As far as Marko Oselj is concerned, he had no such luck at his trial before the District Court in Pirot. It surfaced during that trial that he had agreed the "loading of peppers with a Bulgarian and one Meho" who knew Serbo-Croat language. He tried to justify himself by the fact that "the peppers were loaded for two whole days" while he was there only one day which was his explanation why he did not know anything about heroin on the truck. The court did not believe him and sentenced him to ten years in prison. Had he completed his sentence he would have been released in 2006. There is no doubt that in view of poor conditions in Yugoslav prisons Oselj fared the worst of all his associates from the "heroin team of Gorenjska truck drivers". Proceedings against his partners were concluded in 1997, when after being tried in Slovenia, an odd company of truck operators from the region of Gorenjska ended up in prison. Ivan Vodnik was caught in Hungary, and after that followed the arrests of the earlier mentioned Andrej Hartman (who fled from house detention even before his verdict became valid), Andrej Klemencic, Ivan Stanonik, Janez Simic, Gabro Guna and Darko Urh, who was acquitted because of the lack of evidence.

Marko Oselj is not the only convict on the run who will most probably try to get to his homeland because, for him, Slovenia is a salvation. Together with him escaped another prisoner from Sremska Mitrovica - Damjan Puzavac who had been sentenced back in 1999 to ten years in prison for murdering a Belgrade entrepreneur, extortion and robbery. During his trial, Puzavac claimed that he was not guilty and that he had confessed during pre-trial investigation because the police beat him, but in the end was, nevertheless, convicted. According to statements of the Slovenian public, media and officials, it seems that instead of fearing that the Yugoslav authorities would not be able to catch the escaped criminals, they were hoping that they would return to their homeland as soon as possible, just to get far away from the unpopular FRY. It thus turned out that a crime committed in the FRY and that same crime committed in Slovenia were not equally serious, just because of the state in which they have been committed.

One thing is certain - if they manage to get to Slovenia over Croatia - Oselj and Puzavac would be free men. This would not change even by the fact that representatives of criminal police of FRY and Slovenia met in Ljubljana immediately after the escape of prisoners from Sremska Mitrovica. The Slovenian public was briefly informed of "a very successful meeting" at which "closer cooperation in the field of car thefts and other forms of organised crime" was agreed. It was not clear whether the escaped prisoner had been a subject of discussion at all. And even if they had - there was the Slovenian Constitution as insurmountable obstacle - as prominent members of the judicial system pointed out.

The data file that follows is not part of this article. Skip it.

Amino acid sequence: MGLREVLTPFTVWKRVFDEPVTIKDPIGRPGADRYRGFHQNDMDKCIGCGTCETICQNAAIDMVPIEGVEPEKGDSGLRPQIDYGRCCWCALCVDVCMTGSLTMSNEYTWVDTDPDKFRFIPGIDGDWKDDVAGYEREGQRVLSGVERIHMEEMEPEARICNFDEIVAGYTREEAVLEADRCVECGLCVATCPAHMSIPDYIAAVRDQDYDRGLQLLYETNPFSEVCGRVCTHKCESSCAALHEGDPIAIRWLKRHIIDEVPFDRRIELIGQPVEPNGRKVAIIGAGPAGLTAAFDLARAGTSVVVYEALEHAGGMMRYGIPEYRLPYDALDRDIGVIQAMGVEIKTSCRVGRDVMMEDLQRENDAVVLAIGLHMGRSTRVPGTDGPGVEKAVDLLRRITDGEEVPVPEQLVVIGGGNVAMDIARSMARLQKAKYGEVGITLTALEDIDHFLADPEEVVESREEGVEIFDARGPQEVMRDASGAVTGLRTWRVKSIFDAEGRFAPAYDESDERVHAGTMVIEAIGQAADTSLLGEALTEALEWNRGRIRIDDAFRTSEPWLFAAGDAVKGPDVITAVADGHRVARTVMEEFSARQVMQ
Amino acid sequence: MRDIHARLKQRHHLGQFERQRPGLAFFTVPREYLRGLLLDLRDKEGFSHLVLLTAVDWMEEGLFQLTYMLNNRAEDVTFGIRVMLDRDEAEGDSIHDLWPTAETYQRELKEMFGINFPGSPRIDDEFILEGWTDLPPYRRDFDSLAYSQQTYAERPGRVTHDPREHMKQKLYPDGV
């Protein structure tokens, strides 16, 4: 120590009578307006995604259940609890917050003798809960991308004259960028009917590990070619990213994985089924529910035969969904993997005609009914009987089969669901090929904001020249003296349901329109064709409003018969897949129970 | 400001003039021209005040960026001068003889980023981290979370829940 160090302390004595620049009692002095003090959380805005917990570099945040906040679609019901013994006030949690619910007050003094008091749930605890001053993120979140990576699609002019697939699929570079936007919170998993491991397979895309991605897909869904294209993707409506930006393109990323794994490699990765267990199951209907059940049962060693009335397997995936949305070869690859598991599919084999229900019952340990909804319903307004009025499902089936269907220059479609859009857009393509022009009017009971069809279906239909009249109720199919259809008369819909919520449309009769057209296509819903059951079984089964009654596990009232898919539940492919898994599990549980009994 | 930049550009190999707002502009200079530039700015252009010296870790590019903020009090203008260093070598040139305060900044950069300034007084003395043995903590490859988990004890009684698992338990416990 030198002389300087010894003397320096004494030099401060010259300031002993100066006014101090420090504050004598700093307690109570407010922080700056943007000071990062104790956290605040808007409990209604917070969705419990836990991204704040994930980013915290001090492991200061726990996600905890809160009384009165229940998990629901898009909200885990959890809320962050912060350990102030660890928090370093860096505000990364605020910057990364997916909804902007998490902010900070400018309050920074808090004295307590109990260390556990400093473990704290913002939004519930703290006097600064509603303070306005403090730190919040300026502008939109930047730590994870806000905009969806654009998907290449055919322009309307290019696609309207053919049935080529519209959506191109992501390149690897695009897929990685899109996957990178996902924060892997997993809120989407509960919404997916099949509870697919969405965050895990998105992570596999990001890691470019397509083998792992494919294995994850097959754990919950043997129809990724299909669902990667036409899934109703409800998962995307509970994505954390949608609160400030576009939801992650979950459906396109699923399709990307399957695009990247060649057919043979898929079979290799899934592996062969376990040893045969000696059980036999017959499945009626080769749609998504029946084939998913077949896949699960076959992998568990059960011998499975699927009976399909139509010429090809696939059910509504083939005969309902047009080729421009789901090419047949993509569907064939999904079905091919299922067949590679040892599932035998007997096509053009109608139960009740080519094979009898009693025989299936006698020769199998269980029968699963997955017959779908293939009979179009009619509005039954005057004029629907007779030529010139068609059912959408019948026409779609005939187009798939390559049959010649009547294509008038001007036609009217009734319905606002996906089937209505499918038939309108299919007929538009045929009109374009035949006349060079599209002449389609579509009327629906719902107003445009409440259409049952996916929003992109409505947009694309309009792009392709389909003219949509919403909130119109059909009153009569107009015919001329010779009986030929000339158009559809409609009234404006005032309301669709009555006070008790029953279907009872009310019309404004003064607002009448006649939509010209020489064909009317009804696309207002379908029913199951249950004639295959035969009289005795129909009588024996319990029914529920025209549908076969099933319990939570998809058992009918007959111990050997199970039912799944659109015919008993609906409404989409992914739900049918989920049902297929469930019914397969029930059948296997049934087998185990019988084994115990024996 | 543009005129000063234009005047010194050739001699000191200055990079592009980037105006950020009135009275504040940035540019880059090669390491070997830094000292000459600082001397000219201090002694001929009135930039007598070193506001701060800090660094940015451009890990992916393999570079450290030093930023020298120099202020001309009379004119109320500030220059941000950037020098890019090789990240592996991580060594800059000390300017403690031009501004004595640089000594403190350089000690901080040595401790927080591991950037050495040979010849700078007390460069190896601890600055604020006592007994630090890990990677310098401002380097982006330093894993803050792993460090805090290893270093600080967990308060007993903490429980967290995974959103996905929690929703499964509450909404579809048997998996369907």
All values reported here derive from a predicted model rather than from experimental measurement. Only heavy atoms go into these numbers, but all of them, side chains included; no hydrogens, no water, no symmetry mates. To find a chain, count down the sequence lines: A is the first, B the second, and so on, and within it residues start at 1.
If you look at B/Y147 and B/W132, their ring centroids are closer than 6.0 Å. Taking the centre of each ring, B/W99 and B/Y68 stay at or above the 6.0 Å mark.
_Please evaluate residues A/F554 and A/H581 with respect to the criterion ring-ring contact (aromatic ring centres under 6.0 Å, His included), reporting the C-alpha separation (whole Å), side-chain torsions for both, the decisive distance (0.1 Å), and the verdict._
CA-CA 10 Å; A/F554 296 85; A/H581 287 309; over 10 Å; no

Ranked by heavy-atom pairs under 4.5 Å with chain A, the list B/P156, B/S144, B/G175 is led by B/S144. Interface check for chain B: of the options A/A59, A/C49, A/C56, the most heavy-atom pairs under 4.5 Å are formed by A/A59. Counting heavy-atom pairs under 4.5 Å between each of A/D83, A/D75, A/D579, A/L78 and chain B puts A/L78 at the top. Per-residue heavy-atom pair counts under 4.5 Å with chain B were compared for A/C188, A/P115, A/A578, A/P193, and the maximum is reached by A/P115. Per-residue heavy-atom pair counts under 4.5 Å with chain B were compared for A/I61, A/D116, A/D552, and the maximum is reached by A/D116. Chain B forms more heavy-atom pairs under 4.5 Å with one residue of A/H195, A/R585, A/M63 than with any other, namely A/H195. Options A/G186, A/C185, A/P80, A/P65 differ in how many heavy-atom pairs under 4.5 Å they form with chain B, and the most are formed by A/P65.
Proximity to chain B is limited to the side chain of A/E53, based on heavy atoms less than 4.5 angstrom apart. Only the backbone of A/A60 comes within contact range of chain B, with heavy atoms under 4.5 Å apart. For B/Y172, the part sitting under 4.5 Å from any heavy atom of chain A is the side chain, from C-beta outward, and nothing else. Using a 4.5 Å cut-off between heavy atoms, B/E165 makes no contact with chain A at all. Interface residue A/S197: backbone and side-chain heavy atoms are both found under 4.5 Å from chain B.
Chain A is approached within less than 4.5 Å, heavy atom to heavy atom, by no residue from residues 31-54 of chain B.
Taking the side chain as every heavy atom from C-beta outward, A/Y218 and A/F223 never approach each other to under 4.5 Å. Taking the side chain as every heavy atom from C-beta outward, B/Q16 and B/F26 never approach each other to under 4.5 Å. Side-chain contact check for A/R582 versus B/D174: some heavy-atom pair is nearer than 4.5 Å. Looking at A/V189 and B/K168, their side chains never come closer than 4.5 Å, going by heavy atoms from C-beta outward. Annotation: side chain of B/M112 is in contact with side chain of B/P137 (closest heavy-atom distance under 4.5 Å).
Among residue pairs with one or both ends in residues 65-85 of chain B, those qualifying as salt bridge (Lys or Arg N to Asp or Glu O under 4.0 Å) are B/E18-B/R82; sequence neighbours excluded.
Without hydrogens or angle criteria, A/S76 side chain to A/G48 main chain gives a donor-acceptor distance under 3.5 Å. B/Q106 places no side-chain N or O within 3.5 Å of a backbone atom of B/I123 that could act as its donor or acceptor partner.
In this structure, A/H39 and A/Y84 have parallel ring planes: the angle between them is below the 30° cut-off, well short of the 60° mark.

As far as the cooperation between the police of Serbia and Slovenia is concerned, it has never been interrupted, because even under Milosevic's regime these two police forces cooperated, which was agreed between State Undersecretaries during official visits. It is thus harder to understand that in the year after "democratic changes" in Serbia this cooperation did not move forward, either in the administration of justice or police cooperation. Moreover, the police of FRY and Slovenia have been discussing and agreeing only problems which were of interest for member states of the European Union. Finally, the lack of bilateral agreement on the extradition of criminals could be useful only to criminals of these countries.

The evidently intolerant attitude of Slovenian officials towards certain forms of international cooperation and persecution of criminals is no less unusual. Public statements concerning Oselj's escape sounded like guarantees of asylum. On the other hand, the official Slovenian politics harshly condemned every example of non-cooperation with the international community so that cases of non-extradition of Yugoslav, Croatian, Bosnian and other nationals to the International Tribunal in the Hague or other states was labelled retrograde phenomena of the deviation from generally accepted practice of civilised nations.

All these big stories about principles burst like a soap bubble when confronted with specific examples. This was best shown in Marko Oselj's case. Constitutional prohibition of extradition "of Slovenia's own nationals" to another state as a "legal manoeuvre" was frequently described in Slovenia as a "trick" of fallen dictators, which overnight became a means of protecting a domestic drug runner. If this practice is continued, Slovenia might soon resemble Australia of several hundred years ago, when it was emigrant paradise for criminals. Or, it might look like an inverted picture of SFRY in its last days of existence, since in contrast to Slovenia the SFRY did not wholeheartedly take its criminals, but exported them in an organised fashion, sending them to "temporarily work" abroad. Naturally, this was not a very convenient solution (especially not for other European countries), but that doesn't mean that the patent of "pardoning the escaped criminals" due to legal loopholes, is any better.

Igor Mekina